Empowering Culpeper is making sure families are Culpeper get a healthy meal.
The monthly USDA food distribution program handed out free groceries to residents last Saturday, as they do every third Saturday of the month.
Jill Skelton, food manager for Empowering Culpeper, said that the organization has been helping feed Culpeper residents for 14 years.
“People need it,” Skelton said.
Food is ordered through the Blue Ridge Area Food Bank and most of it is free to the organization, with products they have to purchase coming at a USDA discount.
Last Saturday, more than 50 volunteers hurried to prepare the groceries for residents in need who started lining up in the Culpeper United Methodist Church parking lot at 6:30 a.m.
Food from the food bank sat alongside produce, bread from Panera Bread and venison from Hunters for the Hungry, all waiting to be loaded into grocery bags and taken home.
Skelton said that this past weekend, an estimated 200 families benefited. That’s about the average these days, though they’ve served more.
“We’ve seen the need increase, we’ve seen it spike at times,” Skelton said.
Volunteers help give out more than 200 individual bags of food, with local businesses and schools providing help. This past Saturday, volunteers from Kohl’s and Eastern View High School’s cheerleading program helped out.
“We have a lot of community partners,” Skelton said. “That’s one of our really positive things, we truly are a community program. EVHS every month sends an athletic team. We have kids from the OPTIONS program that help.”
Outside, the Culpeper Lions Club screening van provided eye and hearing screenings to youth who waited with their families.
The program has been at CUMC for about seven years. The first few years they operated out of the George Washington Carver Building before moving in town to the former Providence Bible Church location.
Residents don’t have to fill out paperwork prior to coming to pick up food, Skelton said.
“They just have to come,” Skelton said. “They don’t have to bring any proof of income, they just need to come. For a family of four, they will get about nine bags of food.”
Skelton said those who come pick up groceries are grateful, and should be commended for noticing they have a need.
“For a lot it’s not what they would choose to do, but they recognize they need help and they’re showing enough smarts to know that we can help with that,” Skelton said. “A lot of our volunteers are in fact their customers because they want to give back.”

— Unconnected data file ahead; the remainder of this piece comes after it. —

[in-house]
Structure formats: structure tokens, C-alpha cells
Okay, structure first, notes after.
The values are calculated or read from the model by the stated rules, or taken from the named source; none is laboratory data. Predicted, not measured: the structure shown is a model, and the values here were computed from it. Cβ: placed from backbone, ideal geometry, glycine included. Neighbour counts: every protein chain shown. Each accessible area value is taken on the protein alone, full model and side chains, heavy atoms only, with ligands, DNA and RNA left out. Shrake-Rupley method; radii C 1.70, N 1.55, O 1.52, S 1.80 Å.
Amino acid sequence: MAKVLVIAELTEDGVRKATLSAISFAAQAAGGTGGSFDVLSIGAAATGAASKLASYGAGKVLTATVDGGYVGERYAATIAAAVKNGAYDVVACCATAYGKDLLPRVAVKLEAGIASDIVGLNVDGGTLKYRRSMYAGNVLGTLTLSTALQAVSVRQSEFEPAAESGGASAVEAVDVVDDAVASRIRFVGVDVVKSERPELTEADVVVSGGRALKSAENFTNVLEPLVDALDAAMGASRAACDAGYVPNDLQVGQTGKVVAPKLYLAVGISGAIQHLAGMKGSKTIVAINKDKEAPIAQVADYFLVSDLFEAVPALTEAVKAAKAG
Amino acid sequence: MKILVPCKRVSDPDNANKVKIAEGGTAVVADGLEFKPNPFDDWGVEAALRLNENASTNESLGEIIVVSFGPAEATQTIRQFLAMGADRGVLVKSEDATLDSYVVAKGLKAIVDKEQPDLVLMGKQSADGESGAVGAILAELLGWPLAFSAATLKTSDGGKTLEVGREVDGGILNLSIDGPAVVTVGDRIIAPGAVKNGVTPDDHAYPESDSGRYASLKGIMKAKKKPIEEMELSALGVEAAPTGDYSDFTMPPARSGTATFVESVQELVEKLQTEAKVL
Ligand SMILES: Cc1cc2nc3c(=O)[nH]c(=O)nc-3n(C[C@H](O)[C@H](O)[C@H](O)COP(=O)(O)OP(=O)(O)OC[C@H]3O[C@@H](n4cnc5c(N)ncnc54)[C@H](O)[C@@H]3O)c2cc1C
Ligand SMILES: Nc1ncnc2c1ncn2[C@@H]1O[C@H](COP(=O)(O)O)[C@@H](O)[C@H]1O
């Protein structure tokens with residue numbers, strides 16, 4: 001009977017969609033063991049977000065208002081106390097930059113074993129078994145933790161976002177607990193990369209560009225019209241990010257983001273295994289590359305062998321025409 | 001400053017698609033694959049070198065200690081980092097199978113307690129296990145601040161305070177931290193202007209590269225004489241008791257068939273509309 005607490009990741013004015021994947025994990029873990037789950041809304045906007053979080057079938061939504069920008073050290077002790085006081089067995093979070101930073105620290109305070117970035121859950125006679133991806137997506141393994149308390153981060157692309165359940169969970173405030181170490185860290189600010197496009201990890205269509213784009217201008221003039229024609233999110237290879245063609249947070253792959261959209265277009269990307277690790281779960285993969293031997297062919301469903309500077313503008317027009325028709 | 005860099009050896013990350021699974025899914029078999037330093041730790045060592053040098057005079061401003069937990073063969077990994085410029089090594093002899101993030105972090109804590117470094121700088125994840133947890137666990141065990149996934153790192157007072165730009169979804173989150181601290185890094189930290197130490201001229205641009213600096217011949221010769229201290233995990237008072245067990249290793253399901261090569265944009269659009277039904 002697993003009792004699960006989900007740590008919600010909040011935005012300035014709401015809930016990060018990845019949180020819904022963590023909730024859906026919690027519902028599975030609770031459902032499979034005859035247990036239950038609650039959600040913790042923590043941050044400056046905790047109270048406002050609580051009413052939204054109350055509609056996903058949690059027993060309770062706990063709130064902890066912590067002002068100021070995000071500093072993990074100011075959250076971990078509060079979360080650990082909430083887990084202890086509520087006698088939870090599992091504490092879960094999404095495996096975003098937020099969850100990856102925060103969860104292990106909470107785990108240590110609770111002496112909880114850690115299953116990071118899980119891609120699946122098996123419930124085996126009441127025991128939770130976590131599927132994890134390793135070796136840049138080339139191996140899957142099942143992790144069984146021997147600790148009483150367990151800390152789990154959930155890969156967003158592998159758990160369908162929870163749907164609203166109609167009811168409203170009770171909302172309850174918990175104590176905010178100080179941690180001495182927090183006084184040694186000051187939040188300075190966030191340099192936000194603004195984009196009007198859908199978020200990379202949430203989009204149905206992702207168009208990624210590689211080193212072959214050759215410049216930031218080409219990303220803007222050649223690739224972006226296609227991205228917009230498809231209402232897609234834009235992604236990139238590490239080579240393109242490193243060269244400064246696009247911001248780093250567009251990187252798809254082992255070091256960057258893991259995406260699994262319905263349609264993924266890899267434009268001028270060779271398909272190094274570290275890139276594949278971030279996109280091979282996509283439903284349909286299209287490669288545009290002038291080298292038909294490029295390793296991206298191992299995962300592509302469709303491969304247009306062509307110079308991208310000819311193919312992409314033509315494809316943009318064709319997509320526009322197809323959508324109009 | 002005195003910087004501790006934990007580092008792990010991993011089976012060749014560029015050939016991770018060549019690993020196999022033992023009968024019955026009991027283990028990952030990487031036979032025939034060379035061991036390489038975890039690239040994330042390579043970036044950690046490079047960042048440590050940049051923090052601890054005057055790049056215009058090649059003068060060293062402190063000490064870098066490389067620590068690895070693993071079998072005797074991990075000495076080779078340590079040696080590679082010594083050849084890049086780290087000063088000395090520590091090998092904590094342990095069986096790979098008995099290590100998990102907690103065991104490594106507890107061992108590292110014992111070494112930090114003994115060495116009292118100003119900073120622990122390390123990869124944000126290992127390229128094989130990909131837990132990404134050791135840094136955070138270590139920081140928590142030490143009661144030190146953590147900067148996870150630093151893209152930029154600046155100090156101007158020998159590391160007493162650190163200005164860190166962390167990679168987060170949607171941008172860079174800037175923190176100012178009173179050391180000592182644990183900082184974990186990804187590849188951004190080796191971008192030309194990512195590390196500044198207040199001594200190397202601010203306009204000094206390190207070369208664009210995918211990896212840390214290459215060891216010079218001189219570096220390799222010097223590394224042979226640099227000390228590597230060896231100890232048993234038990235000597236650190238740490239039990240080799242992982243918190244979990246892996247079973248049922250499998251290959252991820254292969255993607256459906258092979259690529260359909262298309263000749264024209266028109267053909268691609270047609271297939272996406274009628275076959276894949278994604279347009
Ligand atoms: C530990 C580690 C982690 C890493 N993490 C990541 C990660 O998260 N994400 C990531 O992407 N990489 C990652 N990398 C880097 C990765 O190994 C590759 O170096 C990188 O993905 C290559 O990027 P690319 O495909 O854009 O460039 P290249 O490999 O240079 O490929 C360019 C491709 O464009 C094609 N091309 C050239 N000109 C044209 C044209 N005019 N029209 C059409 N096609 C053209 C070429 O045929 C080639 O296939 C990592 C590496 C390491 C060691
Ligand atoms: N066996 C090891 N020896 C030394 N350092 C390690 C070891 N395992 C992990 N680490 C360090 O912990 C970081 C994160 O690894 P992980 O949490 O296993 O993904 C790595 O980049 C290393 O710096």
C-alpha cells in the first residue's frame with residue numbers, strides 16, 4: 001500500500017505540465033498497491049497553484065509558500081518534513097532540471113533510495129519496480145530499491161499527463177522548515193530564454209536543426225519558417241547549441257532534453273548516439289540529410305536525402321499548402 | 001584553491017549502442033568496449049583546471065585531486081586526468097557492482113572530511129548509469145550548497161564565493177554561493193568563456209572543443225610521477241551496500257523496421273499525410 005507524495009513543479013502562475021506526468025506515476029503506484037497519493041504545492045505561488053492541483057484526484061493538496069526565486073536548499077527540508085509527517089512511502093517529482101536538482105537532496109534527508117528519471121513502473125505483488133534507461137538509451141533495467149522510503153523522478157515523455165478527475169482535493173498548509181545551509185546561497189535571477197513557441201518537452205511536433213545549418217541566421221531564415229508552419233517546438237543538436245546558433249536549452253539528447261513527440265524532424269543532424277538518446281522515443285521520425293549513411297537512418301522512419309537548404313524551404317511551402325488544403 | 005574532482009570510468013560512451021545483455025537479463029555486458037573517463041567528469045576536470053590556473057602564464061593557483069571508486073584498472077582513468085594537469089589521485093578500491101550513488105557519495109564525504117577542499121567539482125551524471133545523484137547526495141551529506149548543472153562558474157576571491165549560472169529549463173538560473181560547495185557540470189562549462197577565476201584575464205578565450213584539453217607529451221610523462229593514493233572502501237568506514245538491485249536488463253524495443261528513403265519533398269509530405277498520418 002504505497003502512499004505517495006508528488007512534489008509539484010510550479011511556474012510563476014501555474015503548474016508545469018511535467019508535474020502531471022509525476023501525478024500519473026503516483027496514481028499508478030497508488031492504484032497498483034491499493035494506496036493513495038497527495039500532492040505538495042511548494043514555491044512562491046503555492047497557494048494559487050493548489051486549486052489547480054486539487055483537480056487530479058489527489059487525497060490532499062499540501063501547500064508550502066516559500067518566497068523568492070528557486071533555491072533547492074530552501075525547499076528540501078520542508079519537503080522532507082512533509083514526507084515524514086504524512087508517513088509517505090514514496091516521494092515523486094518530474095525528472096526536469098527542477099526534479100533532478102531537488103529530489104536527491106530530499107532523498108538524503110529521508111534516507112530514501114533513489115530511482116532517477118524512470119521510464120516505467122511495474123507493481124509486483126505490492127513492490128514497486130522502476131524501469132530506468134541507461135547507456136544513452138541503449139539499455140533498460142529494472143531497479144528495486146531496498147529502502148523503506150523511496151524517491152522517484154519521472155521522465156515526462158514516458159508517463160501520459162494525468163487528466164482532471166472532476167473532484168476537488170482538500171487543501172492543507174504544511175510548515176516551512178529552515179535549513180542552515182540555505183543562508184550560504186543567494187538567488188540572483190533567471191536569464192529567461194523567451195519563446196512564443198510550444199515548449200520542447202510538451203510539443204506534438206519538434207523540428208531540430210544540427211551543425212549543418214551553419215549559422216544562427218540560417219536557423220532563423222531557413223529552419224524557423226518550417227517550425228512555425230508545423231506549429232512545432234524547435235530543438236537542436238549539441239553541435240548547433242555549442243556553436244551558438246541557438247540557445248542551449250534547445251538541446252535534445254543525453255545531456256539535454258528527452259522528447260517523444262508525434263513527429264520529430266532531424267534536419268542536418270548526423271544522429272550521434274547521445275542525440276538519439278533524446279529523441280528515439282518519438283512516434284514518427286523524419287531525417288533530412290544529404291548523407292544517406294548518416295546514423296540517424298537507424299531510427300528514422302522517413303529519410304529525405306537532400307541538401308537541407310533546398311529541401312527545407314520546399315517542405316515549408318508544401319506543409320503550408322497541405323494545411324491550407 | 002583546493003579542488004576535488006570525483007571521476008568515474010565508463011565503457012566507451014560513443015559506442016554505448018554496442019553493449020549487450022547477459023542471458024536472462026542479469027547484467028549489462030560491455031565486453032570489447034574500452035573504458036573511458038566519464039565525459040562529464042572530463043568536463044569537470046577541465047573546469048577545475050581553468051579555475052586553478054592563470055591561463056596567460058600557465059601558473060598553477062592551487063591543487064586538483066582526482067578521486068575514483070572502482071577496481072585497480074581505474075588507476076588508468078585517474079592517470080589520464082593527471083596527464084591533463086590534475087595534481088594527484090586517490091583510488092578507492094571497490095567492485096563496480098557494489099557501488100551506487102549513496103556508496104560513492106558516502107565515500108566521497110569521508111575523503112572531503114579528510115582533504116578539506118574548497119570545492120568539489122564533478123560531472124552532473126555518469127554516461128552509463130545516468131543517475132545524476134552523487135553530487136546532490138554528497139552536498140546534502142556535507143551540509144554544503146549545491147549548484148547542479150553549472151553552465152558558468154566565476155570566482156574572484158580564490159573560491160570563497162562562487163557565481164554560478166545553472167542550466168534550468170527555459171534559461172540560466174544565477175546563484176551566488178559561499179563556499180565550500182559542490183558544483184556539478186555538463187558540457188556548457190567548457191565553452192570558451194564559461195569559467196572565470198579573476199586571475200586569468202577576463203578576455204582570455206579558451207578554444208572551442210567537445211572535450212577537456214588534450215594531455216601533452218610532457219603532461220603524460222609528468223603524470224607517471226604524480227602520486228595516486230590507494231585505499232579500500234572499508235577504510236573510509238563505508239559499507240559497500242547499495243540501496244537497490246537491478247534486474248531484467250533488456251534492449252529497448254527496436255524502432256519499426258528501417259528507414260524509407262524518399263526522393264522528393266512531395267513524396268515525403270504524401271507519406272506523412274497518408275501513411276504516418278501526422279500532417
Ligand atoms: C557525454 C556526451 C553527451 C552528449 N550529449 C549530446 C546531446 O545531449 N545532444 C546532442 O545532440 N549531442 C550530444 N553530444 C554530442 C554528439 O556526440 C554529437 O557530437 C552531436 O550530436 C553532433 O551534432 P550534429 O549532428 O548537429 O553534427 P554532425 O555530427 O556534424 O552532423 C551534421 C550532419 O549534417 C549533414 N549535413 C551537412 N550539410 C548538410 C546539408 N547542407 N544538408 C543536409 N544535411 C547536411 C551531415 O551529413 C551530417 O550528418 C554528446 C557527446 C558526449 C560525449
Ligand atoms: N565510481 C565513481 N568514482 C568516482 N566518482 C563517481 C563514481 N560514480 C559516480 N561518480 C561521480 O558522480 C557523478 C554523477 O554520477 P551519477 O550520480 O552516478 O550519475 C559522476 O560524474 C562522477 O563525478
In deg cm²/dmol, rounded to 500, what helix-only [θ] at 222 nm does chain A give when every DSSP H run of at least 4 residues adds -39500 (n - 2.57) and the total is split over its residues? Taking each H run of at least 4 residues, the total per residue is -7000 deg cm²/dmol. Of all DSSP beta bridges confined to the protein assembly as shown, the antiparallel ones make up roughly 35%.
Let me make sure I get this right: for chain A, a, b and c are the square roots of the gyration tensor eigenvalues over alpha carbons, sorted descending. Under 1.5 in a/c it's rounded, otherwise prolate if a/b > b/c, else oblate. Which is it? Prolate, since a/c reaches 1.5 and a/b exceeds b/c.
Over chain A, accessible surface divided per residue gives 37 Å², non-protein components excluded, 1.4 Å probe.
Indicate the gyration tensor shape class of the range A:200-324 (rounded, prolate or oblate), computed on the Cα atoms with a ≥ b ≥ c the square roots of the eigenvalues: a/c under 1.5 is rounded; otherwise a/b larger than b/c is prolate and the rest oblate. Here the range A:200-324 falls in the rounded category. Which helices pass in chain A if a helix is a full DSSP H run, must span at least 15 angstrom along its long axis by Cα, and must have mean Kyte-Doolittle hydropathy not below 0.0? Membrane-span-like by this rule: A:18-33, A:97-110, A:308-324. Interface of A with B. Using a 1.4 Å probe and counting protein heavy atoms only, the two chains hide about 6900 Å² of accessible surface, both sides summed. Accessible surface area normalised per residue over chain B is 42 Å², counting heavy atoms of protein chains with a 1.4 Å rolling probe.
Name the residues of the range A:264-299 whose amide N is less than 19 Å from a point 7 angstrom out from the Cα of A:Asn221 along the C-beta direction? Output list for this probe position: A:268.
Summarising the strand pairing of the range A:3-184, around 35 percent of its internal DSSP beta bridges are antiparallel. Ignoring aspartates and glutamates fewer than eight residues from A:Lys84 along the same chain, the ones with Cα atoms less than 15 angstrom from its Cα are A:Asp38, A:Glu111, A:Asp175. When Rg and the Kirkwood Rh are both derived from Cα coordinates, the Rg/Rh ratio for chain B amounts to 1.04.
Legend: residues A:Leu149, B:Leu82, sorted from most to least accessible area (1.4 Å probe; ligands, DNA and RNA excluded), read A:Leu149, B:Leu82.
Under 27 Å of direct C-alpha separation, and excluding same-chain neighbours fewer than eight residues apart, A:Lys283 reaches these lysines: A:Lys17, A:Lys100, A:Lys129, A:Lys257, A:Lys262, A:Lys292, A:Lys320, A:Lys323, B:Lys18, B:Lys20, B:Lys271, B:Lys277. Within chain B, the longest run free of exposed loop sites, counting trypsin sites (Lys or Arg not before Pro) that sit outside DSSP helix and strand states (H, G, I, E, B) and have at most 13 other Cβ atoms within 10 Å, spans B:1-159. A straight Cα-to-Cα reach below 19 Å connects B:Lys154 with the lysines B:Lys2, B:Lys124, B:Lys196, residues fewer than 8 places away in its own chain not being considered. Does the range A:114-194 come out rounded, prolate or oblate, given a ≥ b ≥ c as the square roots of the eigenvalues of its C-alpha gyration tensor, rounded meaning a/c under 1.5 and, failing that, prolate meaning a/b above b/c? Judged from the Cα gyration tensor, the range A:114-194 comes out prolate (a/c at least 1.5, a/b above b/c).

Volunteer Marian Dykes has been with the program since the start, when a young man from AmeriCorp recognized the need in the community 14 years ago.
“There’s some pretty sad stories out there, and they need food,” Dykes said.
She said it’s heartwarming as a volunteer to be able to help, and it’s important for community members to see that there is in fact a need.
“Especially the young people, they get introduced to people who need help they might not otherwise know,” Dykes said.
Hallie Adams, a ninth grader at EVHS and a cheerleader, packed bags early Saturday morning as residents lined up outside.
“There’s a lot of people that want to help with this,” Adams said. “It makes me feel good because I’m helping people and making sure they don’t go hungry.”
A group from Kohl’s prepared lettuce to be packed into bags, and Culpeper resident and Kohl’s employee Autumn Smith had her family with her to help.
“It’s very important for us to give back because I grew up here,” Smith said. “If we can make it easier on them for the holidays, it’s important to us. I never realized how many people that I know, needed this kind of help. It feels good to give back.”
Andrea Dick, a Kohl’s employee, said the company’s willingness to volunteer played a big part in why she wanted to work there.
“That’s the whole reason I wanted to work at Kohl’s because they do this kind of stuff,” Dick said. “I’ve done this before and it’s just very uplifting to see everybody receive help.”